I don't think this is a big deal, probably meant to encourage some foriegn equity participation without raising false flags. Ready to be corrected ...

Cheers, IFG :b:

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I have not tried to analize this in detail, but I suspect this is merely housekeeping to try and lessen the chance of some unpleasantness down the road such as Telus has recently experienced. From what I gather, that case involved an American private equity company or something similar, who took the company to court to try and make some money on the difference in share price between two classes of shares.

In Canada, different share classes are often used to get around foreign ownership regulations. This Telus case illustrates an unforseen downside. I suspect this Westjet case is just an attempt to make similar court challenges unlikely down the line.

I too would welcome a more specific explanation.

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Isn't this much ado ...? But then again, is imitation the sincerest form of flattery? After all, a few months ago, this:

Air Canada Receives Conditional Exemption from Applicable Take-Over Bid and Related Early Warning Reporting Requirements

.... On May 4, 2012, pursuant to an application by Air Canada, the Autorité des marchés financiers, as principal regulator, the Ontario Securities Commission and the securities regulatory authorities in the other provinces of Caen again nada granted exemptive relief (the "Decision") from (i) applicable formal take-over bid requirements, as contained under Canadian securities laws, such that those requirements would only apply to an offer to acquire 20% or more of the outstanding Class A variable voting shares and Class B voting shares of Air Canada on a combined basis, and (ii) applicable early warning reporting requirements, as contained under Canadian securities laws, such that those requirements would only apply to an acquirer who acquires or holds beneficial ownership of, or control or direction over 10% or more of the outstanding Class A variable voting shares and Class B voting shares of Air Canada on a combined basis (or 5% in the case of acquisitions during a take-over bid). A copy of the Decision is available on SEDAR at www.sedar.com ....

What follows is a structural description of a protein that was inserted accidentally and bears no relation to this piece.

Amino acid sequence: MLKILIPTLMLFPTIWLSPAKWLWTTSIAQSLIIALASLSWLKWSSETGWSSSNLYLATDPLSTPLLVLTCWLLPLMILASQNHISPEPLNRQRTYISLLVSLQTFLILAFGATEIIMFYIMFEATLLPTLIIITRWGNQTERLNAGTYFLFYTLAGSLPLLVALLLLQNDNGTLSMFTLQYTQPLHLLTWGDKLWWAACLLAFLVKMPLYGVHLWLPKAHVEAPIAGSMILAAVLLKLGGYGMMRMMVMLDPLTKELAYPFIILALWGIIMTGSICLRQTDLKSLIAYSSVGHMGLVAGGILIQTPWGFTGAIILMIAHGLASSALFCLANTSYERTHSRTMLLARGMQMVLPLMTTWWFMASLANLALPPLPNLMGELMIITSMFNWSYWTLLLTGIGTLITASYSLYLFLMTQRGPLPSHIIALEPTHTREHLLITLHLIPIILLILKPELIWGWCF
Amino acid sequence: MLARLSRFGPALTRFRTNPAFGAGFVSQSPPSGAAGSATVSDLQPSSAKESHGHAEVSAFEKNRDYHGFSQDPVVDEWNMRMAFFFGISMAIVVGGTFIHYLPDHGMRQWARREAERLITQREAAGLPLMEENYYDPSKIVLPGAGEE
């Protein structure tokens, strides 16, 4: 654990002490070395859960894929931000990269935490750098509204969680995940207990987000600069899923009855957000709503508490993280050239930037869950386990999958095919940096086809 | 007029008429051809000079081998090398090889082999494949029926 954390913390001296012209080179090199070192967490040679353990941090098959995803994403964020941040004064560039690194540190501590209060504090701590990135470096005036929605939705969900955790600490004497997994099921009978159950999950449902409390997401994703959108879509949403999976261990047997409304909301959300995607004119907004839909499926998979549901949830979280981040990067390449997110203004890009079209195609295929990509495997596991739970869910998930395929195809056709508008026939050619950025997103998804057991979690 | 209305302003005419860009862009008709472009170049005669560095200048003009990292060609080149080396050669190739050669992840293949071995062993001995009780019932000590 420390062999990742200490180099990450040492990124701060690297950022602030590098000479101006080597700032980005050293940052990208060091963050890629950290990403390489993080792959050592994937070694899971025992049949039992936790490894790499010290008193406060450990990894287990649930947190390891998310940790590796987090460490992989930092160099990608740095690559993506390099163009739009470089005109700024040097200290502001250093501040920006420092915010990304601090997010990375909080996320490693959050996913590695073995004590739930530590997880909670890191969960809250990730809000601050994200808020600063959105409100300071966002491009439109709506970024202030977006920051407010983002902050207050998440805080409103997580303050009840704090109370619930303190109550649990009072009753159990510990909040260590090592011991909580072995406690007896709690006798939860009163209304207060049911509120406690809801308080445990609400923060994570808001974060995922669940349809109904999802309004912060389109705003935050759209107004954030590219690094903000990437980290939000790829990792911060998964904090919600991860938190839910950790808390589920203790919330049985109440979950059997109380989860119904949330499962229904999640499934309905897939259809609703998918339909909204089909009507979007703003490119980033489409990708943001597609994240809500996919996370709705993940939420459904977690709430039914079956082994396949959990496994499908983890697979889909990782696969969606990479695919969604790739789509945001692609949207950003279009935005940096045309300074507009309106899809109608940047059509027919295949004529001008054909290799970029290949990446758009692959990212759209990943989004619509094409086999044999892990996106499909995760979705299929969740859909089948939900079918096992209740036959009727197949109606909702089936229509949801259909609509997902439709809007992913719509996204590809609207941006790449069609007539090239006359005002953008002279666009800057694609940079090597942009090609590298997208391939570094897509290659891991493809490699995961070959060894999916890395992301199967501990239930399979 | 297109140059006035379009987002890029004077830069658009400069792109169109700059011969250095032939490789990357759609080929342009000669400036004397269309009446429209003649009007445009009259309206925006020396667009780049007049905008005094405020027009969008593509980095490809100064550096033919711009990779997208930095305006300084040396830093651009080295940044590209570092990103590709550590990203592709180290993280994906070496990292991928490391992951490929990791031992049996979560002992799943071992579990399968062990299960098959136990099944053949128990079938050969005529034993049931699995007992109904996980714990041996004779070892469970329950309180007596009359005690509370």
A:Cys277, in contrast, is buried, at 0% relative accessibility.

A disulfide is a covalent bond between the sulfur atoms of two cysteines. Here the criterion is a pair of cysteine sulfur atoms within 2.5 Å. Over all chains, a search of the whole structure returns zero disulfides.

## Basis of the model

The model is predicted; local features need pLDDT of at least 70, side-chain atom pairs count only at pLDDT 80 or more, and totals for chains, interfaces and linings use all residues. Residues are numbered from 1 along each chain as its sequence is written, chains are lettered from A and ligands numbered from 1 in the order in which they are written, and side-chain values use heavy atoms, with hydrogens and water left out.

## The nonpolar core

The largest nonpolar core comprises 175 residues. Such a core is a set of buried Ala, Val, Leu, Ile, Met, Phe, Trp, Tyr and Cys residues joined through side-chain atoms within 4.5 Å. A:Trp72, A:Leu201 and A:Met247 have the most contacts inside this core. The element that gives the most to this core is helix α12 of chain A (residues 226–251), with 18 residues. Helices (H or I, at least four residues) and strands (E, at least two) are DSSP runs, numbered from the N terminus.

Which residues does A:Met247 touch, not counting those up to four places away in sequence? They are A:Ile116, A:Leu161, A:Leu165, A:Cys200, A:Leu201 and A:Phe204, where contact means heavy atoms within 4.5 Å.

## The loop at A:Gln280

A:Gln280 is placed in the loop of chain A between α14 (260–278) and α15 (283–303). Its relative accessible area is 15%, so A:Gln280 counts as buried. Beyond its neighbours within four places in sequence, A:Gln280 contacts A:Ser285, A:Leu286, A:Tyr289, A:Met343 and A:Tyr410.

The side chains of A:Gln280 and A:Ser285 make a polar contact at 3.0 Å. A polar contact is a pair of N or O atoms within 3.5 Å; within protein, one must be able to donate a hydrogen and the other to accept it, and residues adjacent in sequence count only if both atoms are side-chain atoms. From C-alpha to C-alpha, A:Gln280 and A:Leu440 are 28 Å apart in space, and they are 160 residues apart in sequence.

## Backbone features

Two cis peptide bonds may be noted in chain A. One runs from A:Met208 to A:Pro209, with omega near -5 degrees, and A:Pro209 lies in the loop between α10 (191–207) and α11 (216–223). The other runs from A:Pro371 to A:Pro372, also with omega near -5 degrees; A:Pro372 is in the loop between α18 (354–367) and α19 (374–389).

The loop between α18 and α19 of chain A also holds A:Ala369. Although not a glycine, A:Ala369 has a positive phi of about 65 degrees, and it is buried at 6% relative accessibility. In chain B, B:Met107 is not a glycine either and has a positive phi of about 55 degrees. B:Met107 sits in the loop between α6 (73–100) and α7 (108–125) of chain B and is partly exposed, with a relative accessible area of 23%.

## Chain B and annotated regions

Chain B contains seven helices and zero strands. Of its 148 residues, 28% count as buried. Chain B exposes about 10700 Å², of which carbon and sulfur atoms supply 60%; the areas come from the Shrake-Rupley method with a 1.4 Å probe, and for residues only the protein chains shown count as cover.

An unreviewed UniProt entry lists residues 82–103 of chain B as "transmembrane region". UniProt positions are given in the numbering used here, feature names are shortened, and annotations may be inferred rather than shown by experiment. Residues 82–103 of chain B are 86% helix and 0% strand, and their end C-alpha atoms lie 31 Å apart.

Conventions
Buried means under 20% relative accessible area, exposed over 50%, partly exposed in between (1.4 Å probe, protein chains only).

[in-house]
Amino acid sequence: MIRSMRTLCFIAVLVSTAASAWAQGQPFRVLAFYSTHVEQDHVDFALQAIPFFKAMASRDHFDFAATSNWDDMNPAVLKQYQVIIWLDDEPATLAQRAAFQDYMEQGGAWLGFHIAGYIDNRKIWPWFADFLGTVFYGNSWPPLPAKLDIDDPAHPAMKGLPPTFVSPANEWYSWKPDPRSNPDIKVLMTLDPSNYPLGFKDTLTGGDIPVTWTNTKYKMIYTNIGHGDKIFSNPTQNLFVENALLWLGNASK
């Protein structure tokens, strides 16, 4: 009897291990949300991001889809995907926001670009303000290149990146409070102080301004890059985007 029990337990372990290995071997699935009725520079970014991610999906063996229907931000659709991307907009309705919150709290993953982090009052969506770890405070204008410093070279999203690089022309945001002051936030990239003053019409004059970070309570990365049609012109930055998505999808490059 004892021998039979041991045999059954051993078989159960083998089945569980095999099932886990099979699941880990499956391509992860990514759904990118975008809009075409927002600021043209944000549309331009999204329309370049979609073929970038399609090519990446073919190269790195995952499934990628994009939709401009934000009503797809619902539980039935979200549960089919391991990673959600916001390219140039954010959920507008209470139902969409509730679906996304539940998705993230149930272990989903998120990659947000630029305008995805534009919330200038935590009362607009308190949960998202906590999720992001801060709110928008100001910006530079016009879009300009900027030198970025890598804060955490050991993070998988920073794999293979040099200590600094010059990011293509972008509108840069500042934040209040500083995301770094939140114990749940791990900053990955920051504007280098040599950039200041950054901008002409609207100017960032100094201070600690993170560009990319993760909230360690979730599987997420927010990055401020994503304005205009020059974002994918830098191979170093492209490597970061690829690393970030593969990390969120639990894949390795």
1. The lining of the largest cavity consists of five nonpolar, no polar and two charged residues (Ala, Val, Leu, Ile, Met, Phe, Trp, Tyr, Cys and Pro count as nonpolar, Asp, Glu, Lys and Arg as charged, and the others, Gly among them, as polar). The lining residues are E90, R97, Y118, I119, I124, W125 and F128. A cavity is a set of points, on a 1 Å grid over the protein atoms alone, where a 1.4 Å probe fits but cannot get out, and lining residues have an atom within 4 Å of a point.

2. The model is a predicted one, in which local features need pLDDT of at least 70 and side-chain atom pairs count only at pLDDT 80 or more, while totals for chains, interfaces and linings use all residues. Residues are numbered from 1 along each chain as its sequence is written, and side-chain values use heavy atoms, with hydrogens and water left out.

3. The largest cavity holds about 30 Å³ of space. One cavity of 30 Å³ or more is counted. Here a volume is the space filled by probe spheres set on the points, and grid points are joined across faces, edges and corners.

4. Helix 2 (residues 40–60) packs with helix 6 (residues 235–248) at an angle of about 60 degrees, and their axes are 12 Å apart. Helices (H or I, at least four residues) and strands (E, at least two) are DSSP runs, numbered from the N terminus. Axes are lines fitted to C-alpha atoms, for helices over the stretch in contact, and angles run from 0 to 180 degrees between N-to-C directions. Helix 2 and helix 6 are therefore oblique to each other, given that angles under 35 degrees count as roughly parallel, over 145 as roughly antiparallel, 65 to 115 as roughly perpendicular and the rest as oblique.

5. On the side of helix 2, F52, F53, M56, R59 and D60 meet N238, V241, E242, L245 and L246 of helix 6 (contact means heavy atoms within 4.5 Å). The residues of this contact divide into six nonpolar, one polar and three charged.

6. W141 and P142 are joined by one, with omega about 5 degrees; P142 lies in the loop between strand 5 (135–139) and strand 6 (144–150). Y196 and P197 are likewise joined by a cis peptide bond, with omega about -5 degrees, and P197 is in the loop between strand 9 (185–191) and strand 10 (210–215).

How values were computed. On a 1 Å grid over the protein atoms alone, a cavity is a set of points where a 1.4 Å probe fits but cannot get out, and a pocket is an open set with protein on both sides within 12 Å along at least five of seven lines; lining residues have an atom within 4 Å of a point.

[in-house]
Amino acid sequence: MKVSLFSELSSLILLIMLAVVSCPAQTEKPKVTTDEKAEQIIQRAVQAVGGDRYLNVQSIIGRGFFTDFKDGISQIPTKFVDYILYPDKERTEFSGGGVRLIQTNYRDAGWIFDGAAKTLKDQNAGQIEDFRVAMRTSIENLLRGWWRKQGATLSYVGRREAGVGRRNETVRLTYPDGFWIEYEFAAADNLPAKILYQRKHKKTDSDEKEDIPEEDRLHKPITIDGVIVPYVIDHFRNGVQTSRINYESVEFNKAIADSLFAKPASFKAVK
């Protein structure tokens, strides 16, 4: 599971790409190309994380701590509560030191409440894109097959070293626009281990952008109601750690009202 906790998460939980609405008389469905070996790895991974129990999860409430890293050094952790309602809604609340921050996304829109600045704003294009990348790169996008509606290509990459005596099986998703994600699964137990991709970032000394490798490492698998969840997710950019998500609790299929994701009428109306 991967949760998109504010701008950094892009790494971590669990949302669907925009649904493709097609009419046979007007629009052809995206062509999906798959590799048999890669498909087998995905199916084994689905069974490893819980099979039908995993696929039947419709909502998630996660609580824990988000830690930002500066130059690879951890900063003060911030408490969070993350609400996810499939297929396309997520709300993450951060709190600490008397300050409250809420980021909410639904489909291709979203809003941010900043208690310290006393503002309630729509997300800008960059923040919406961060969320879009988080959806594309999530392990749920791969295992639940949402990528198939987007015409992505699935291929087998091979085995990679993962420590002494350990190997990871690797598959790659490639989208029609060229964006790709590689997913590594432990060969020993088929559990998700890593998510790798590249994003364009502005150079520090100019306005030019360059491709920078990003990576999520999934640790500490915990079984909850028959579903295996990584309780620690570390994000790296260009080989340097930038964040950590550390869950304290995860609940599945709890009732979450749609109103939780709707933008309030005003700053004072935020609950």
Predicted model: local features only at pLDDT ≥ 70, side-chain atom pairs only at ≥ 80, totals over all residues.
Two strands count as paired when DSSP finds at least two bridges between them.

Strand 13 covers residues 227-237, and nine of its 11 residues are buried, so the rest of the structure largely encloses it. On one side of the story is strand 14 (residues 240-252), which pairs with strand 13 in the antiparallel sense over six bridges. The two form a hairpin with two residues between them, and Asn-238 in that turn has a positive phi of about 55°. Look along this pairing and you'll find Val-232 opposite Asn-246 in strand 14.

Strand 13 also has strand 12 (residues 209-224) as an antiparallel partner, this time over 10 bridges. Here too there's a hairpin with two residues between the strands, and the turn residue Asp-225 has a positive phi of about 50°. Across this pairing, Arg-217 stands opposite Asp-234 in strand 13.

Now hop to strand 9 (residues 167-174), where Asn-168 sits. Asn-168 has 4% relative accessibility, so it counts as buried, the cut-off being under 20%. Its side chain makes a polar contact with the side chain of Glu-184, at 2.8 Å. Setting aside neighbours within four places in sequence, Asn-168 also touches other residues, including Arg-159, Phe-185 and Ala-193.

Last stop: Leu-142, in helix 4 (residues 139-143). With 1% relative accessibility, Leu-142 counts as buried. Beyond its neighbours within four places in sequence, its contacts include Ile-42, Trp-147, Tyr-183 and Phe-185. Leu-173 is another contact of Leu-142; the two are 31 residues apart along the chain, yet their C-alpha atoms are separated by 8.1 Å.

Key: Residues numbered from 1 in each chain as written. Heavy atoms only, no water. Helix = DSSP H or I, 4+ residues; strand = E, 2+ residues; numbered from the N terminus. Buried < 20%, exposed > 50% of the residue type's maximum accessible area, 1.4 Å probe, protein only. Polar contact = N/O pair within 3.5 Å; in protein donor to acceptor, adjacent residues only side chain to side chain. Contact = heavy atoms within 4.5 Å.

CNW Release: LINK

Cheers, IFG :b:

p.s. AEF thread on the AC iteration .

Edited by IFG
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There are 2 classes of shares, voting for canadians and non-voting for non-canadians, aka the WJA.A. The voting shares outstanding is ~126 M shares while the non-voting is ~26 M shares.

If one foreign investor acquires 3 M shares, that will represent more than 10% of the non-voting shares, therefore will have to comply with filings as though he/she is an insider, even though 3 M shares only represent ~2% of the total outstanding shares.

The exemption will prevent that foreign investor from making said filings, as an insider, as they don't really represent the required % of outstanding shares for that fact.

I think that is what this is about....Cheers